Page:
The non-commercial, open-source recorder alternative is typically based on Raspberry Pi, which uses a much more capable processor running a Linux operating system, and as a result requires a much larger battery pack. In many wildlife applications, the devices have to be carried to the deployment sites in backpacks, making the size and weight of the batteries critical.
Can you give me some idea of the power gains experienced by using the Gecko MCU?
To give an example, right now we have a deployment in Belize that involves listening for gunshots to detect illegal hunting in tropical forests. With a small battery pack (a 6V lantern battery), we can deploy a sensor that lasts for 12 months and listens continuously for 12 hours a day, only making recordings if it thinks it detected a gun shot. With the Gecko MCU, we can do nearly all the listening while the processor sleeps, then it can wake up to run the detection algorithms across a 4-second sound buffer.
How did the Gecko get on your radar?
We originally used an NXP processor and the Arm Mbed development platform in our prototype. We really liked the development platform, but the processor used too much power. Silicon Labs ended up being a better option because of the integrated tool chain, allowing us to directly measure and optimize energy consumption. We can also distribute the code, knowing that the development tools are free and are available on all operating systems, which is a critical benefit.
As a university project, how did you manufacture these devices?
To keep costs low, we started exploring alternative manufacturing routes. With Alasdair Davies of the Arribada Initiative (an organization promoting open, affordable conservation technology), we started running group purchasing campaigns through GroupGets, a low-cost assembly company that facilitates group purchasing. After testing the market with some relatively small orders, GroupGets enabled us to run off a batch of 1,500 devices from a PCB assembler, providing real economy of scale.
This model allows designers the ability to offer various types of devices, yet manufacture at a low risk. We’ve manufactured close to 4,000 devices so far and have a live campaign running at the moment that will likely result in another 1,500 orders. As a small university project, there is no way we would have been able to do without this model.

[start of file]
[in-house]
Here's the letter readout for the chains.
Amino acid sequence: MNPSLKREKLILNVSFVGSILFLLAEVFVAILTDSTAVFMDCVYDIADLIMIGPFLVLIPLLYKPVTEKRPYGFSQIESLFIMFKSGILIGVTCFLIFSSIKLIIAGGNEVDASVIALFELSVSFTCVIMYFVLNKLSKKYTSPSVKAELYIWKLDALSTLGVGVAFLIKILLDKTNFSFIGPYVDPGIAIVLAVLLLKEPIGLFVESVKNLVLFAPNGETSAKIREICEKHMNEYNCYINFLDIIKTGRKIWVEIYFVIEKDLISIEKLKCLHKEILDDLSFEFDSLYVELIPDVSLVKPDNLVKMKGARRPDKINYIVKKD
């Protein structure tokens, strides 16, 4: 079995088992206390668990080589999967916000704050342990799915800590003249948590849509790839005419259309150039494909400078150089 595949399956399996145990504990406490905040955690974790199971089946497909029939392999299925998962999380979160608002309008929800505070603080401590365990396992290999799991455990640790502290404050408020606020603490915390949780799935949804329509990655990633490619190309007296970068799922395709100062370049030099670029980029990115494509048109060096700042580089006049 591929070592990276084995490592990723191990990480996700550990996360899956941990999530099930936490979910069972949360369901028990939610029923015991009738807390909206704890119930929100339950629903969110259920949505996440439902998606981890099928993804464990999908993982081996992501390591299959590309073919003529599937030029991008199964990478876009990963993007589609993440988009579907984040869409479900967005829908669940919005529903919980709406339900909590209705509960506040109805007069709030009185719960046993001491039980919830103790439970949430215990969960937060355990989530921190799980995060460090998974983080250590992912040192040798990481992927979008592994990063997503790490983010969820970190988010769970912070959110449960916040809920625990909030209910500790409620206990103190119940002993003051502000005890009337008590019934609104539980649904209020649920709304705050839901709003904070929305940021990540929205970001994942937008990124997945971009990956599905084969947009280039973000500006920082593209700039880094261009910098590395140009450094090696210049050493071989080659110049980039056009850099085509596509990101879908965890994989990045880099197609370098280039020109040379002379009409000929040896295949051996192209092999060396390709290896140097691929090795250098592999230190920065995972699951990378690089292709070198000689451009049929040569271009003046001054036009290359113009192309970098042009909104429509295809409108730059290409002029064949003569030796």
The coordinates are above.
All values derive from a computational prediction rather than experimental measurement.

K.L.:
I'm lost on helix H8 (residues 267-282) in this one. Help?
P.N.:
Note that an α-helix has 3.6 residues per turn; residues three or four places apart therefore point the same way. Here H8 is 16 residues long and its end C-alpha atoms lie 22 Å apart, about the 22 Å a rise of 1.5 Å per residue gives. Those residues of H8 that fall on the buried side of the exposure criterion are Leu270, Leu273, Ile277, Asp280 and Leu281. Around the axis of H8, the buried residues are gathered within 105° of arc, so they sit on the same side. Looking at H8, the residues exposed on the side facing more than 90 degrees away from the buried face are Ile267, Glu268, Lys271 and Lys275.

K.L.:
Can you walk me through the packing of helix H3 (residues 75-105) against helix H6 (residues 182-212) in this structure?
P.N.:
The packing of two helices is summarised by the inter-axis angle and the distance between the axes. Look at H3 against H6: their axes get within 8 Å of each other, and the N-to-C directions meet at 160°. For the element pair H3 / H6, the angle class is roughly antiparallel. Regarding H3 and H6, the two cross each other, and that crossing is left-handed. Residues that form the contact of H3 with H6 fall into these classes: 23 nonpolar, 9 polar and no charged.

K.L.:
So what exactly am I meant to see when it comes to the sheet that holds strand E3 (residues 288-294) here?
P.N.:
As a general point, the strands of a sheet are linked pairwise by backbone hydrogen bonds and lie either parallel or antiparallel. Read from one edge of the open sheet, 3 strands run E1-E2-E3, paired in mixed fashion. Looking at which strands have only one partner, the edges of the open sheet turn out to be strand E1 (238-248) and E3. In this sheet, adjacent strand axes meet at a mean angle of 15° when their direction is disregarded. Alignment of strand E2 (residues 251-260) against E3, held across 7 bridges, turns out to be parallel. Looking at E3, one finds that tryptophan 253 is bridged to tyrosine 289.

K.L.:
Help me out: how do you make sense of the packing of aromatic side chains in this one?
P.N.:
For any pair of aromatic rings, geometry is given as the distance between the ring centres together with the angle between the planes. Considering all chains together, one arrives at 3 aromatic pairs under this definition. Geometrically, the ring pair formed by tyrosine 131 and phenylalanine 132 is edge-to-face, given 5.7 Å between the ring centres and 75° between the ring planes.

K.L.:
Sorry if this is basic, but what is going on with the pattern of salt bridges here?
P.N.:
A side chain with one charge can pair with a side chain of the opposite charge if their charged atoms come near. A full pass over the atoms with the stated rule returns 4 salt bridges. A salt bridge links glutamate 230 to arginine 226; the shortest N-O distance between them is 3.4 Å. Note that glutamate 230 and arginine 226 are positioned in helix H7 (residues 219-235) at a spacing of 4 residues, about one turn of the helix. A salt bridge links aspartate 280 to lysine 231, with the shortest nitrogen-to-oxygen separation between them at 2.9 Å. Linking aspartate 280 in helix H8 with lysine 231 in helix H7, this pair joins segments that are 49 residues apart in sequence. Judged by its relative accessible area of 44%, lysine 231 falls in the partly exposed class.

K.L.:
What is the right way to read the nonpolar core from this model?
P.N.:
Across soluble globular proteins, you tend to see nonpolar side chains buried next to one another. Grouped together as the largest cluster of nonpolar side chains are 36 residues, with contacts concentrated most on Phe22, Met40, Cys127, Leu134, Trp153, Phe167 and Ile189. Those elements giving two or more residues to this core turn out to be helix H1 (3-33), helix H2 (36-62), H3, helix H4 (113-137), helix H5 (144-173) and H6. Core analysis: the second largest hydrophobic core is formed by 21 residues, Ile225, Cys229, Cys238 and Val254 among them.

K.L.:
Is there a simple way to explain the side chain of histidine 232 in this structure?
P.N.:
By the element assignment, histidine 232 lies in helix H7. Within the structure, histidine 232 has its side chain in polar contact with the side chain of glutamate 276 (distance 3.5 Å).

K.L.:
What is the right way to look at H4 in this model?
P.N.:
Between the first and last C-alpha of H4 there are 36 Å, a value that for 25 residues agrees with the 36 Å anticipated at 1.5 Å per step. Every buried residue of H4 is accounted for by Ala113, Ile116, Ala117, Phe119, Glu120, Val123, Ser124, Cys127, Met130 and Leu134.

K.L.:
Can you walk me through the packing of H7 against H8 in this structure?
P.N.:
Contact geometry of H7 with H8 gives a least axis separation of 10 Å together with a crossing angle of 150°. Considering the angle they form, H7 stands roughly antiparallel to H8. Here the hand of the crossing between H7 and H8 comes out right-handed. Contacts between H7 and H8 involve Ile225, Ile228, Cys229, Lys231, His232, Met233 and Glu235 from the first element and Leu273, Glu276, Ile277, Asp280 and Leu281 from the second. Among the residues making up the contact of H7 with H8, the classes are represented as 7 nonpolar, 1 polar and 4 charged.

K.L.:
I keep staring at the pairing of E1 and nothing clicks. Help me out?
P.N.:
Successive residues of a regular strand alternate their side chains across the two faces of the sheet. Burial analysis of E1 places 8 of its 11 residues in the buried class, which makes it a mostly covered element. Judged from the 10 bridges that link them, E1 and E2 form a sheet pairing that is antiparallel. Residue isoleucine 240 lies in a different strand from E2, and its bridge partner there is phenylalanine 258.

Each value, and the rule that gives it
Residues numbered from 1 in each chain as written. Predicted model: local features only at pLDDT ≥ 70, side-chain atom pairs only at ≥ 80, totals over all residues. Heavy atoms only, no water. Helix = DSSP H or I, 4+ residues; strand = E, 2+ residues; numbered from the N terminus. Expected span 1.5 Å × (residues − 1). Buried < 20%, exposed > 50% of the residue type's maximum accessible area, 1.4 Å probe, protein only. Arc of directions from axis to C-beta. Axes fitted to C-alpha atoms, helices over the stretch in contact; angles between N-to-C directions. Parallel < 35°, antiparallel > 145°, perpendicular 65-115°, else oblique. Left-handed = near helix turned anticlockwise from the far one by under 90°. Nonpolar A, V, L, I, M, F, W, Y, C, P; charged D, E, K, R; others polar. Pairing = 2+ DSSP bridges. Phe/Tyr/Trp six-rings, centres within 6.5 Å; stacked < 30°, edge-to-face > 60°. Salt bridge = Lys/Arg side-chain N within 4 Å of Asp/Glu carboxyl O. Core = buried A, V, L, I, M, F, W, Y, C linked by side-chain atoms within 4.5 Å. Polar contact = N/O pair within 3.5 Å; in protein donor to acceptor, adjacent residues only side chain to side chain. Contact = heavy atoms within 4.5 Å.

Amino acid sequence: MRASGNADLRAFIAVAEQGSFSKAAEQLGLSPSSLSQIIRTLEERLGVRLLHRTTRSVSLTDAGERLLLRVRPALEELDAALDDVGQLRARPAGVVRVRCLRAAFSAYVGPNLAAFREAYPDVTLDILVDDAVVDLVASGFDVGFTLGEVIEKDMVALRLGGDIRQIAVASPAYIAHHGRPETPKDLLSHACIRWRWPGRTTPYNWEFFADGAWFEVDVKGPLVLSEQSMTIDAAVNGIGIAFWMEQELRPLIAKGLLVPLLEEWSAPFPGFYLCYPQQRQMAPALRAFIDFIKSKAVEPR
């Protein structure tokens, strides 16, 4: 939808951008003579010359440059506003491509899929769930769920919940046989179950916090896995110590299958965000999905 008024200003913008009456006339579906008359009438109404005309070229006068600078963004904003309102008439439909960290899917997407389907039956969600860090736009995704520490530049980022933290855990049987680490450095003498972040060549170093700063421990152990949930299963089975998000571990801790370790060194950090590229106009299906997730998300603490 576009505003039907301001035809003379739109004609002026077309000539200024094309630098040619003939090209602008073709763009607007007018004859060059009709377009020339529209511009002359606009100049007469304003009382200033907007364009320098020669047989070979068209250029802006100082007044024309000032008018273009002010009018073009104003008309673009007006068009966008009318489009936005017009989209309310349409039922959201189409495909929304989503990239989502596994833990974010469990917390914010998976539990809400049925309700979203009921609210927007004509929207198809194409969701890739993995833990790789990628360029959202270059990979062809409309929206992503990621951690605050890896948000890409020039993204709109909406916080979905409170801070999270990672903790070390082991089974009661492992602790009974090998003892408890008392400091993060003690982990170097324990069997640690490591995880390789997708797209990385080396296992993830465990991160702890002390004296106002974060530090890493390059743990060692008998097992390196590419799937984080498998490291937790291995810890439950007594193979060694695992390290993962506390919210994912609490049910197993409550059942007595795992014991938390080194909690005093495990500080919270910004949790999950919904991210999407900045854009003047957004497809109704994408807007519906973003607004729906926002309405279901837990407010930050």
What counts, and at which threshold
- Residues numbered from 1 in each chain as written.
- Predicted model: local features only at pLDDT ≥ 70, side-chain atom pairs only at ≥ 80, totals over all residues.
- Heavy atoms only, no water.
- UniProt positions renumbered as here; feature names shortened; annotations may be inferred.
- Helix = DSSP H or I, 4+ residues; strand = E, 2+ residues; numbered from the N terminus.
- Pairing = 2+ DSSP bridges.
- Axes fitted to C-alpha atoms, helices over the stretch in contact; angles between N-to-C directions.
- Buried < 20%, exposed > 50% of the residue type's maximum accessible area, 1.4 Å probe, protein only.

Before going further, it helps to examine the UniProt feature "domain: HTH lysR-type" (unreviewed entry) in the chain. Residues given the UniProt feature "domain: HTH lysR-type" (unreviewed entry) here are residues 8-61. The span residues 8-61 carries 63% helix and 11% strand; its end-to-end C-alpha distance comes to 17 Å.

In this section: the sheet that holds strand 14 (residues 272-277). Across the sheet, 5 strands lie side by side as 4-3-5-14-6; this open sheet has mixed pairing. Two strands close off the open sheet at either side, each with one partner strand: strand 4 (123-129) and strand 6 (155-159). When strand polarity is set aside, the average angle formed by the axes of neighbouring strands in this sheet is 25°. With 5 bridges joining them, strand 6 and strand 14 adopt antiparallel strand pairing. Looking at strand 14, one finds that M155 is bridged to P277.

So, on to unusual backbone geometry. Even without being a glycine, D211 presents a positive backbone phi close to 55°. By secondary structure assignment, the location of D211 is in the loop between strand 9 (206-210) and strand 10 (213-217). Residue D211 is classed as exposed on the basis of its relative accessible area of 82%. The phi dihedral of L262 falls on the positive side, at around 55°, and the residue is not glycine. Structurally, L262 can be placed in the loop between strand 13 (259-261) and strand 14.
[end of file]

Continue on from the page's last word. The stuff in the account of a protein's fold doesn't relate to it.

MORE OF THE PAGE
We also used CircuitHub, which enabled us to post our hardware design and bill of materials on its website. The concept essentially hacks low volume manufacturing. Suddenly, people can share and distribute hardware in the same way people have been able to share and distribute software.
Where do you see IoT going in the next 5-8 years?
Computation on devices is always more energy efficient than storing or transmitting data, meaning devices will continue to become smarter and handle more processing on their own. Many of the deep learning algorithms that researchers are exploring at the moment are still too complex to run on very low-power small devices, but there’s already a huge amount of interest in figuring out how to push these algorithms down to small, low-power devices.
Over and over, customers tell us they want a wireless link to just work so they can move on and focus on the application they're designing. This week, we delivered on this challenge with the introduction of Wireless Xpress, which gives designers the freedom to go from out of box to prototype within a few hours – versus months – with no software development necessary.
Wireless Xpress provides a configuration-based development experience with everything developers need, including certified Bluetooth® 5 Low Energy (LE) and Wi-Fi® modules, integrated protocol stacks and easy-to-use tools supported by the Silicon Labs Gecko OS operating system.
The new solution simplifies wireless development and eliminates the daunting task of working in numerous and complicated wireless development interfaces. Today’s IoT development teams are often burdened with importing numerous stacks of software, dealing with hundreds of APIs and complex RF integration obstacles, along with writing hundreds of hours of code. Because of these complexities, wireless development is hard to come by, and IoT companies often need to outsource the development, an extremely costly and time-intensive process that slows down time to market. Wireless Xpress removes the need for wireless development since we’ve already done the work for you.
Then there’s cloud connectivity – an onerous challenge for design teams to build from the ground up. Wireless Xpress provides instant cloud connectivity and has built-in firmware updates, along with the ability to retrieve updates and push them out to devices in the field. This functionality removes the need for our customers to pay for subscription-based services to ensure these updates are managed.
Wireless Xpress addresses all of these challenges head-on without a big stack. We take on as much firmware responsibility as possible, with all configuration occurring in the Gecko API. Wireless Gecko is not codeable, but configurable, freeing designers from the headache of wireless design by getting it all in one box.
Putting Application First, Versus Network